A key aspect of our representation language is the ability to capture rich semantic structure using constraints, with which CLASSIC can reason efficiently. An atomic constraint is an atom either of the form D(x), where D is some concept in , and x is a variable, or (xi θxj) (or (xi θ α)) where xi and xj are variables, α is a constant and θε{>, ≧, <, ≦, =,≠}. Arbitrary constraints are formed from atomic constraints using logical operators and . CLASSIC can determine efficiently whether one class subsumes another using subsumption reasoning in the description logic. Other well-known techniques are used for implication reasoning of order constraints. For details, see the Ullman reference cited above. Any atomic constraint may be used about which implication/subsumption reasoning can be done efficiently. Constraints play a major role in information gathering and are used in several ways. First, semantic knowledge about the general n-ary relations can be expressed by constraints over the arguments of the relations. In our example, we can specify that the first argument of the relation Quote must be an instance of the concept TravelAgent. Second, as we discuss in subsequent sections, constraints can be used to specify subsets of information that exist at external sites. For example, a travel agent may have only flights whose cost is less than $1000. Finally, as we see below, constraints are extremely useful in specifying complex queries.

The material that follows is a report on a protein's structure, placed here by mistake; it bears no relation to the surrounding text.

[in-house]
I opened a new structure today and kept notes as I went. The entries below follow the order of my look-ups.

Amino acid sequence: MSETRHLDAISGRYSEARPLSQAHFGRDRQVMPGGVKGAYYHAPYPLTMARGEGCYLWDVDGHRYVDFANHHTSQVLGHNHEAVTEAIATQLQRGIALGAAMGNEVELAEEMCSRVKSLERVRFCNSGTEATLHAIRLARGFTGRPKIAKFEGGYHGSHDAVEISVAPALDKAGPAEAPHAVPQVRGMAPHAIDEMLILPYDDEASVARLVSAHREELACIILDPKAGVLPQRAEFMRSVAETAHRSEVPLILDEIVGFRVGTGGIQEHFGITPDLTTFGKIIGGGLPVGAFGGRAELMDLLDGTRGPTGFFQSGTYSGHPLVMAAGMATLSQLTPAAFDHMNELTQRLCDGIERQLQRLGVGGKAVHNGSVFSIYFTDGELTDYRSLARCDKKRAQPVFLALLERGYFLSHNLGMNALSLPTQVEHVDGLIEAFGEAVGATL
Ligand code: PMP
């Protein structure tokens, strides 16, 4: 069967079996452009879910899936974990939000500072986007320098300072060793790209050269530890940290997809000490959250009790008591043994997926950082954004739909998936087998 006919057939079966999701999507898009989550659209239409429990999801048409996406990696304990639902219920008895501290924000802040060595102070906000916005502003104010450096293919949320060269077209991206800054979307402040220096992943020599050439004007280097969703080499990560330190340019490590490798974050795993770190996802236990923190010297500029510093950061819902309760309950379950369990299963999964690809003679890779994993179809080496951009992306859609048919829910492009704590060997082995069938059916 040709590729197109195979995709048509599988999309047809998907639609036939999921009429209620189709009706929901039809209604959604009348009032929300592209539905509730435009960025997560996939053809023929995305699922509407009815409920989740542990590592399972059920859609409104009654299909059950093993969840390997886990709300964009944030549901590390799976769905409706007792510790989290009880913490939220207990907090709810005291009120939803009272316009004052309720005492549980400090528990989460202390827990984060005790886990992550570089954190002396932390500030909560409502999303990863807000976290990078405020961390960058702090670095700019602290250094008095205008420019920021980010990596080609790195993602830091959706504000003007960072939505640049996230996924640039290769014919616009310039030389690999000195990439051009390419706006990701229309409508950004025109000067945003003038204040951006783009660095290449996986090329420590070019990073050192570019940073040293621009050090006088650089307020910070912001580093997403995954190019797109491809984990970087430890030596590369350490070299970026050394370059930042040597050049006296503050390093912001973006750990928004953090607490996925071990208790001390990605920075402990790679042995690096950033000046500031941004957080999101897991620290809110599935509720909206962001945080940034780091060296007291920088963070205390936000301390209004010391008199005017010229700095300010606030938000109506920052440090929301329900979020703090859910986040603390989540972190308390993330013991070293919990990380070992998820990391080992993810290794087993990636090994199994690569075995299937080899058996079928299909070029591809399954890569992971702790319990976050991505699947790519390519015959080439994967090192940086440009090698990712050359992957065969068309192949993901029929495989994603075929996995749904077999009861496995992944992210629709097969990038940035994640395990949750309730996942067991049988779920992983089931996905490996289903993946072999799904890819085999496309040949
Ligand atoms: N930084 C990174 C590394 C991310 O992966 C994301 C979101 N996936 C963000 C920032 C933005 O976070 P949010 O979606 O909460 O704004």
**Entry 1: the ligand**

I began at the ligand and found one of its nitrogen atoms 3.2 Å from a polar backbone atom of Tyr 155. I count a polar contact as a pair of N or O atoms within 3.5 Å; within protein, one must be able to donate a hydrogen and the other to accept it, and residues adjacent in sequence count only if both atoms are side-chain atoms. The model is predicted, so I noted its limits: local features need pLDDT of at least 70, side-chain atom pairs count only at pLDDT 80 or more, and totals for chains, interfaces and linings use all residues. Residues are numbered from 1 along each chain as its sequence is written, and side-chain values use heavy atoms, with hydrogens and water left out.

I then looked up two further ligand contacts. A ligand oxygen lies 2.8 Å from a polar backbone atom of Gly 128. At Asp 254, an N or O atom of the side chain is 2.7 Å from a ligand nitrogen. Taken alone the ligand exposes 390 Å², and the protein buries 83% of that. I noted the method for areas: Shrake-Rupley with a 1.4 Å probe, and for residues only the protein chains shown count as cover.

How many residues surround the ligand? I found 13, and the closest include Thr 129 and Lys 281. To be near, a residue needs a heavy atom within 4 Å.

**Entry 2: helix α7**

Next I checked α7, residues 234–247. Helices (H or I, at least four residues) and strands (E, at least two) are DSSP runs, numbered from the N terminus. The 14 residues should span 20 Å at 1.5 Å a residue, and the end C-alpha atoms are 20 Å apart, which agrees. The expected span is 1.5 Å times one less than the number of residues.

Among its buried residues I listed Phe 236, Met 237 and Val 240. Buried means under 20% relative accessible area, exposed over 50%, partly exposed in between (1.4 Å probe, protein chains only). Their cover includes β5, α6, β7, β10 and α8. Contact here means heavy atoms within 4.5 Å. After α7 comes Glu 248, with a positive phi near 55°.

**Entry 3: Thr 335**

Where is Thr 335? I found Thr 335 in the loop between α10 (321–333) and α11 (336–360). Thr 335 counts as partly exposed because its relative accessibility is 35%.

Constraints may be used together with concepts and knowledge base relations to describe properties of extensions of the knowledge base relations, that is, information specified by the knowledge base relations and the properties. The information in the extension may come from the knowledge base, but most often it will come from one or more of the information sources 123. We assume that the definitions of the concepts exist in the knowledge base, although the extensions of the concepts and the relations may not be entirely present in the knowledge base. However, we assume that constraints contain only concepts whose extensions exists in the knowledge base.